It's a bit of a rough patch, though, and I find myself falling into the trap of thinking that every rumbly strip of road is a step on the path downward. Every time it gets dark out I have trouble remembering that doesn't mean that we live in the dark now and forever.

Floating in a pool every day for four days helped a lot. Remembering that floating in a pool, napping in the middle of the day, sitting in a hot tub, laughing with friends is possible helps me to remember that those things are probable. They are, in fact, much more probable than a life of drudgery and darkness because I have good friends. I have great friends. They make great drinks and tell funny jokes and buy me amazing books and do math when I can't, and a million other wonderful things.

I highly recommend getting friends as cool as mine. They make even the rough patches smoother.

Thursday, February 28, 2019

I Can See the Groove

I'm not sure if I've mentioned this here but we're still working on a production of my play, Like the Moon. A few friends got together and did a reading of it about a year and a half ago. Then sometime last year we decided that we'd meet once a month for rehearsal until we feel like it's time to rent a venue and show a fuller version to the world.

Last year was busy. This year is proving a bit of a challenge, too. We're getting our rehearsals in but there isn't much other time available for working on lines or writing out back story or whatever character work I might want to do.

The other day we met up and I couldn't see a scenario in which I wasn't going to let everyone down. Surely I wouldn't be the weakest link in this chain. Thankfully the director started us slowly. We read the whole first act before we got on our feet. Then we did get on those feet and got through the first scene that way.

At that point she took a poll of the room to see if we wanted to keep going or go back and I said, "I'd like to go back and do that again. I don't want to oversell it. It's like I'm not in the groove but I can see it from here. I think if we do it again I might get there at least a couple of times."

Dear Reader, I think I did, too.

It feels a bit the same way with everything right now.
  • If I just hadn't gotten sick I could have a cleaner apartment.
  • If I sit down for just 15 minutes a day and work on the application I can finish the writing for this new certification.
  • If we can just get the new admin trained in I'll be able to work on the syllabus.
  • If, again, I hadn't gotten sick I could have written all these condolence cards and sent these baby gifts and be a better supporter and have my taxes finished.
To be honest, I'm doing ok. Just like in that rehearsal I am not dropping the ball for anyone. At least I don't think I am. I am not, however, in anything resembling a groove. I am just to the left of the groove and occasionally stumbling into it by accident.

If that's going to be the theme for the year then lord help me because this jerky, whiplash rhythm might break me.

No it won't.

I don't have time for that. I don't want to have time for that.

What I want to have time for is tripping along next to this proverbial groove and appreciating the fuck out of my friends and colleagues and neighbors who continue to want to do what I want to do. They want to  get my words out into the world. They want to do complex administrative work so that we can hire the right person not just any warm body. They want to celebrate my birthday all year long. They're happy to hear from me whenever that happens and they know that if they truly need me they can say so and I'll trip right off the groove and try to help.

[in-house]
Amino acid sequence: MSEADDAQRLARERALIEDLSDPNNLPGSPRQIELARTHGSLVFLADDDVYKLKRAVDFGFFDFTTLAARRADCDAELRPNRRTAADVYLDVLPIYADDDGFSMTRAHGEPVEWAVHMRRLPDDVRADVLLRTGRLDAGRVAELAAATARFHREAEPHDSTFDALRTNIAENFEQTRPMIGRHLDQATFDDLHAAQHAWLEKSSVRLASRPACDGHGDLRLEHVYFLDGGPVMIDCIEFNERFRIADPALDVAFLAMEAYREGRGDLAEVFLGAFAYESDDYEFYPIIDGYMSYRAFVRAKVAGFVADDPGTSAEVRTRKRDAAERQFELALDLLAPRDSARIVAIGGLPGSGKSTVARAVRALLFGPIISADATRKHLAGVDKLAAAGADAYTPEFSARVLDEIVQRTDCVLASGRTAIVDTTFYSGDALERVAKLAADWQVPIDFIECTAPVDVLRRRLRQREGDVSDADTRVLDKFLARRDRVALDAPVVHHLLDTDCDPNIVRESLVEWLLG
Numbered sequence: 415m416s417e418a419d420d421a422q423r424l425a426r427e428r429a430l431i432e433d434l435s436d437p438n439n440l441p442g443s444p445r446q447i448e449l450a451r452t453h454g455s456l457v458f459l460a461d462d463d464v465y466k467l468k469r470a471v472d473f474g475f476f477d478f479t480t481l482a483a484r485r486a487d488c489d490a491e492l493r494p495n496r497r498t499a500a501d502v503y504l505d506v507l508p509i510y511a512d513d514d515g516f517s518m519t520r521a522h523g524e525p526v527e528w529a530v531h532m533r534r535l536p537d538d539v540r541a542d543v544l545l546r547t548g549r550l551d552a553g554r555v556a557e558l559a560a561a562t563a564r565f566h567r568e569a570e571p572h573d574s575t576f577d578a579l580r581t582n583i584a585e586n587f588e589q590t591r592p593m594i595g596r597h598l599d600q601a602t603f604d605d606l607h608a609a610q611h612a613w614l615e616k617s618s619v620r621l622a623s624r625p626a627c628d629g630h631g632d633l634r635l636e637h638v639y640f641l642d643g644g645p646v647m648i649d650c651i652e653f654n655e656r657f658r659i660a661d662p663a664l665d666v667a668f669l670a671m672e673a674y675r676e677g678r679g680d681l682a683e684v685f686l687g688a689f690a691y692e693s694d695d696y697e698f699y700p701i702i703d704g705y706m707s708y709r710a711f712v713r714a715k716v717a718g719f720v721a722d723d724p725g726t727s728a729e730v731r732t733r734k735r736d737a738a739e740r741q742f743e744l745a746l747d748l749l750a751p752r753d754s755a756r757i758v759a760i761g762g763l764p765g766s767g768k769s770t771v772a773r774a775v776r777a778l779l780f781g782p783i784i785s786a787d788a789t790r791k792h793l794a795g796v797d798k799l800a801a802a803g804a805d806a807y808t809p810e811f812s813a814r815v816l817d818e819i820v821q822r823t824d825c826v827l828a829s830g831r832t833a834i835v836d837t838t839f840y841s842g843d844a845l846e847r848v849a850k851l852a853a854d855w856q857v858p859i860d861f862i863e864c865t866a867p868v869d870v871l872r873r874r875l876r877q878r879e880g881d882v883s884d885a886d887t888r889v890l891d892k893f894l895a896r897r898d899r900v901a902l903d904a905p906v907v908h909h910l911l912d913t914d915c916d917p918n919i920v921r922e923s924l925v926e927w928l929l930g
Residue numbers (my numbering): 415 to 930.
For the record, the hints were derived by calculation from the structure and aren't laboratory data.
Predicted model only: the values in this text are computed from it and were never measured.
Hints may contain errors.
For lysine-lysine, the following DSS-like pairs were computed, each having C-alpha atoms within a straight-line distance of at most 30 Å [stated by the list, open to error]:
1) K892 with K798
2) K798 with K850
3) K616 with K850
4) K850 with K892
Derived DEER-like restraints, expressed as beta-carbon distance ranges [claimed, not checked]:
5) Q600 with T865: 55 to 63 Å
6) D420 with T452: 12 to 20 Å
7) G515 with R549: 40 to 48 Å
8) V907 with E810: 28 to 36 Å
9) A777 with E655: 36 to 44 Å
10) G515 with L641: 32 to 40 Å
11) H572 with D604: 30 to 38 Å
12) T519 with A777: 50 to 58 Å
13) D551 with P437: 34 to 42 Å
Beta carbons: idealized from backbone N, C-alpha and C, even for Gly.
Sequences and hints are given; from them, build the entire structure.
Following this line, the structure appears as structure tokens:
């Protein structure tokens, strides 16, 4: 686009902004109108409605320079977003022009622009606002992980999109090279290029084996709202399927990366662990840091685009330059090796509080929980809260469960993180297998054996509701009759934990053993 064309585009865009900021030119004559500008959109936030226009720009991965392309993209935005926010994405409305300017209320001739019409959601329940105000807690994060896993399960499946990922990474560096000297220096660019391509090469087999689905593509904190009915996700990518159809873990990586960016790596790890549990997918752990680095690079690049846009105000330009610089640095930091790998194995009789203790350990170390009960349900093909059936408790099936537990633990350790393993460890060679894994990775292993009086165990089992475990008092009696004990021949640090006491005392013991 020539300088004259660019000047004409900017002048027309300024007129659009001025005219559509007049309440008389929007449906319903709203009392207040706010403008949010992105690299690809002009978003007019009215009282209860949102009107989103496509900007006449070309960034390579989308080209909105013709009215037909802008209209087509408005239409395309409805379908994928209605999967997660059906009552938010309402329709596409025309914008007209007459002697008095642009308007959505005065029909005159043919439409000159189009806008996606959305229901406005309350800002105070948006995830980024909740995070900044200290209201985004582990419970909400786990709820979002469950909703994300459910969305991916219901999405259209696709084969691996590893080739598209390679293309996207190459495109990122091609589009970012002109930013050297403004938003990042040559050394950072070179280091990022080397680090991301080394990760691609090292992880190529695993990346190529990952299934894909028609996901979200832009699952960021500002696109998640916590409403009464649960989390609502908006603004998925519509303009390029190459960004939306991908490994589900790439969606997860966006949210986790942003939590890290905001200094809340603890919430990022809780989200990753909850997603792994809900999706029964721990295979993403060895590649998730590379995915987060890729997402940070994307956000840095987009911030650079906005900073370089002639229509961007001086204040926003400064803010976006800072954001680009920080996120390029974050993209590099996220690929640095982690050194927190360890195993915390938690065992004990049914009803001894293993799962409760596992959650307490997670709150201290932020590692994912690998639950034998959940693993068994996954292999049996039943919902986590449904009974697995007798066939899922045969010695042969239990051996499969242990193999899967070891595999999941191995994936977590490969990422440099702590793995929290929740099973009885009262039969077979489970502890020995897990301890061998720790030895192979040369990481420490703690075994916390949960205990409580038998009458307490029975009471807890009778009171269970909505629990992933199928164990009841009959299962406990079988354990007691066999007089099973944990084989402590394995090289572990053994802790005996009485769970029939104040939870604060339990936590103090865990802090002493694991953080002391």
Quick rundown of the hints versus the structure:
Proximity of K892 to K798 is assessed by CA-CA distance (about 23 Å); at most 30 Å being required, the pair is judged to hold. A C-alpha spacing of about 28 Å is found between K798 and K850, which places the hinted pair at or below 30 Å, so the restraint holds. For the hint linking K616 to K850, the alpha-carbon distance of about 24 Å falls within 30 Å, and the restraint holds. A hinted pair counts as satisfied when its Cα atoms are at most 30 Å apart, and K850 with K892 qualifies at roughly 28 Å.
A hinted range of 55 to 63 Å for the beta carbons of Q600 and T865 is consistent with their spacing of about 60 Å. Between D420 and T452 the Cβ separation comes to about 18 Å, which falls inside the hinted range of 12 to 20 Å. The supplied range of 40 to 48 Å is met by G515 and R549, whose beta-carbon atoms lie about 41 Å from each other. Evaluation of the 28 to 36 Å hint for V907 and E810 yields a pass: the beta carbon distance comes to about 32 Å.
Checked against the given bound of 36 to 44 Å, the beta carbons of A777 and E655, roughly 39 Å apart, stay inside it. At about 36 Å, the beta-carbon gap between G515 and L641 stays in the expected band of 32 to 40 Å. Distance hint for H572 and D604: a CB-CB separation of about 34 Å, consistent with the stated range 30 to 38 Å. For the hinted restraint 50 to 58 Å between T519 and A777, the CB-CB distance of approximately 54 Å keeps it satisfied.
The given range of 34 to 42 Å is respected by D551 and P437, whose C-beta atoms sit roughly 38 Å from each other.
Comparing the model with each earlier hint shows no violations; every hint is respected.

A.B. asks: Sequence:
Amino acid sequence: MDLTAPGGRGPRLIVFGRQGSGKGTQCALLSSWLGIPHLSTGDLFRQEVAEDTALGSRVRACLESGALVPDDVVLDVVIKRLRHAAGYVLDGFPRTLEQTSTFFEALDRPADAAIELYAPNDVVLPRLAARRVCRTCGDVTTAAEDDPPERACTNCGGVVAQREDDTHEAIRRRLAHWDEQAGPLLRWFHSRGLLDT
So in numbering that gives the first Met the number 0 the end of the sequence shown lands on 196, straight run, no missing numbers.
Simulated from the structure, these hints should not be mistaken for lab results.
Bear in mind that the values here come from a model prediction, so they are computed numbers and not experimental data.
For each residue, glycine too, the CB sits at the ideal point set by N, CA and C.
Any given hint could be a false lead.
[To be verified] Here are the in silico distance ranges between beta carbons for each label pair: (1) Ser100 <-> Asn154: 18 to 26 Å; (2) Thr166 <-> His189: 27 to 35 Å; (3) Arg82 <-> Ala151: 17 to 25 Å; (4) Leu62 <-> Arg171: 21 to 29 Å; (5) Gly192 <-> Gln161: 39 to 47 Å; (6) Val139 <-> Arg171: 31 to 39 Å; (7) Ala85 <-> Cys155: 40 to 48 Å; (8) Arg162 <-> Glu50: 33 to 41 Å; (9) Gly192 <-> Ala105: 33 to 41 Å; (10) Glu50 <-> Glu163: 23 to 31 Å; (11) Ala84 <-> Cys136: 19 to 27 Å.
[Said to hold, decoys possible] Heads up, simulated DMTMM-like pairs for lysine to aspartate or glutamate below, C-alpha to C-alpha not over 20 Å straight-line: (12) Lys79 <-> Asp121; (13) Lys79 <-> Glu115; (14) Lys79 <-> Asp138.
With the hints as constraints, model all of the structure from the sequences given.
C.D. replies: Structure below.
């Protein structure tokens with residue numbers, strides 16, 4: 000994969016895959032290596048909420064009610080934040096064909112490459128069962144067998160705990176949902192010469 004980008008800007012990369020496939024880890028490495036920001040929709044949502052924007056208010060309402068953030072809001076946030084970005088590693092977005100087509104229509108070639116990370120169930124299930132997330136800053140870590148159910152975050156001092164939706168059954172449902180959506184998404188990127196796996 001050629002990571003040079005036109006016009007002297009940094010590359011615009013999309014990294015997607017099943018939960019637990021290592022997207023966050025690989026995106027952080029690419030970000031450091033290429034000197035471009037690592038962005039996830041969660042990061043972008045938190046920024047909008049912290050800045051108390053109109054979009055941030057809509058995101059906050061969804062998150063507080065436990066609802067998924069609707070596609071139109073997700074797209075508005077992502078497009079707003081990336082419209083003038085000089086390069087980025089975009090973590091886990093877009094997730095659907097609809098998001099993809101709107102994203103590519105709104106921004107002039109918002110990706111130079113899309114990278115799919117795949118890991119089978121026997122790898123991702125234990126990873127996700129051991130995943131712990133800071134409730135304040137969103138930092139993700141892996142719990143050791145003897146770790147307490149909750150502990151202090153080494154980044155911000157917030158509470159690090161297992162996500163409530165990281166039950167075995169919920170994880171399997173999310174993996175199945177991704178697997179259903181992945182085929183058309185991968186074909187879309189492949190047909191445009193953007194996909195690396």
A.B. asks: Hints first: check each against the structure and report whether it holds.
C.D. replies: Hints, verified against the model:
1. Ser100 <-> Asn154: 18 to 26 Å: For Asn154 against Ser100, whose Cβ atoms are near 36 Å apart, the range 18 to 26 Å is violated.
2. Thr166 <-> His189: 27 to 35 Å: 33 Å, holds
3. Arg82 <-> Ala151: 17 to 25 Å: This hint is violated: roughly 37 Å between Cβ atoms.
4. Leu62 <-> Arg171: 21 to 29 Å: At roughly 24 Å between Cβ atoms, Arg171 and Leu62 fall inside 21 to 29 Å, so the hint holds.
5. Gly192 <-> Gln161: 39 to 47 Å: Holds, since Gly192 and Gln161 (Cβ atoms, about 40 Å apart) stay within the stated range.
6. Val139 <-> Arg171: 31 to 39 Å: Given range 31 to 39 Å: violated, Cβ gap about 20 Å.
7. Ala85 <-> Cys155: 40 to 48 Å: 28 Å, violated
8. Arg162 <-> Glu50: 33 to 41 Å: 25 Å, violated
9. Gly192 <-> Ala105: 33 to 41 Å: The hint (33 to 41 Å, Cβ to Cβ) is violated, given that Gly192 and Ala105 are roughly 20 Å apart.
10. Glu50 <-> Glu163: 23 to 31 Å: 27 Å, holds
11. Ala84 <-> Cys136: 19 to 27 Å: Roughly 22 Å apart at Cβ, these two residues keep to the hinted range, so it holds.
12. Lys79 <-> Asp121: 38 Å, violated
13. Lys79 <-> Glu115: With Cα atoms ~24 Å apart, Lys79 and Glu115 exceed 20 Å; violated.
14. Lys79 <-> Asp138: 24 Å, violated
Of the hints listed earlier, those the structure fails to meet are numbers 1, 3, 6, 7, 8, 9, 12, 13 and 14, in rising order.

A lot of sad things have happened already this year. All signs point to several more sad things happening, too. If I wasn't surrounded by such stellar people this would all seem overwhelming. But I am. Oh, I am. My people are so very stellar.

Years ago a friend's kid was in the tooth losing stage. My friend was in the sleeping through the night stage. Which meant that a few times she forgot to get up and perform the duties of the Tooth Fairy. So she'd email me and ask me to call her kid as the Tooth Fairy and apologize . So I did. It was certainly one of the greatest acting jobs I've ever had. I went with an accent. My character was always super busy so my message was rushed and bubbly and apologetic. I was always terrified that I'd screw it up. I even wrote myself little scripts. I had only one audience member to please so the stakes were pretty high. The kid has yet to ask me about it, thank goodness, but all reports say that he took me, I mean her, seriously.

The same kid is a tween now. Over the years he has fallen in deep love with my dog. They, seriously, have the most lovely relationship. A relationship based largely on cheese and affection. Sometimes "my dog" sends presents to the kid.

I came home the other day to find a #10 envelope in the mail that was thick and...puffy. Weird.

Inside was a pair of socks and a note from the tween. The note told me that Eddie wanted me to have the socks. The socks said, "My dog is cool as fuck."

I'm warmed from the top of my head to the tips of my toes by the whole interaction. I needed that. I needed to be reminded that it's not so much the huge gestures we make and the big goals we reach as it's the regular tiny efforts and expressions that make our lives something to be proud of. My relationship with this kid is built on stolen moments of dog training, one big knitting project, one game of Exploding Kittens, a couple of Broadway shows, a trip to the M&M store, and several phone calls he doesn't even know I made. I didn't even really know what I was building but I managed to build it anyway.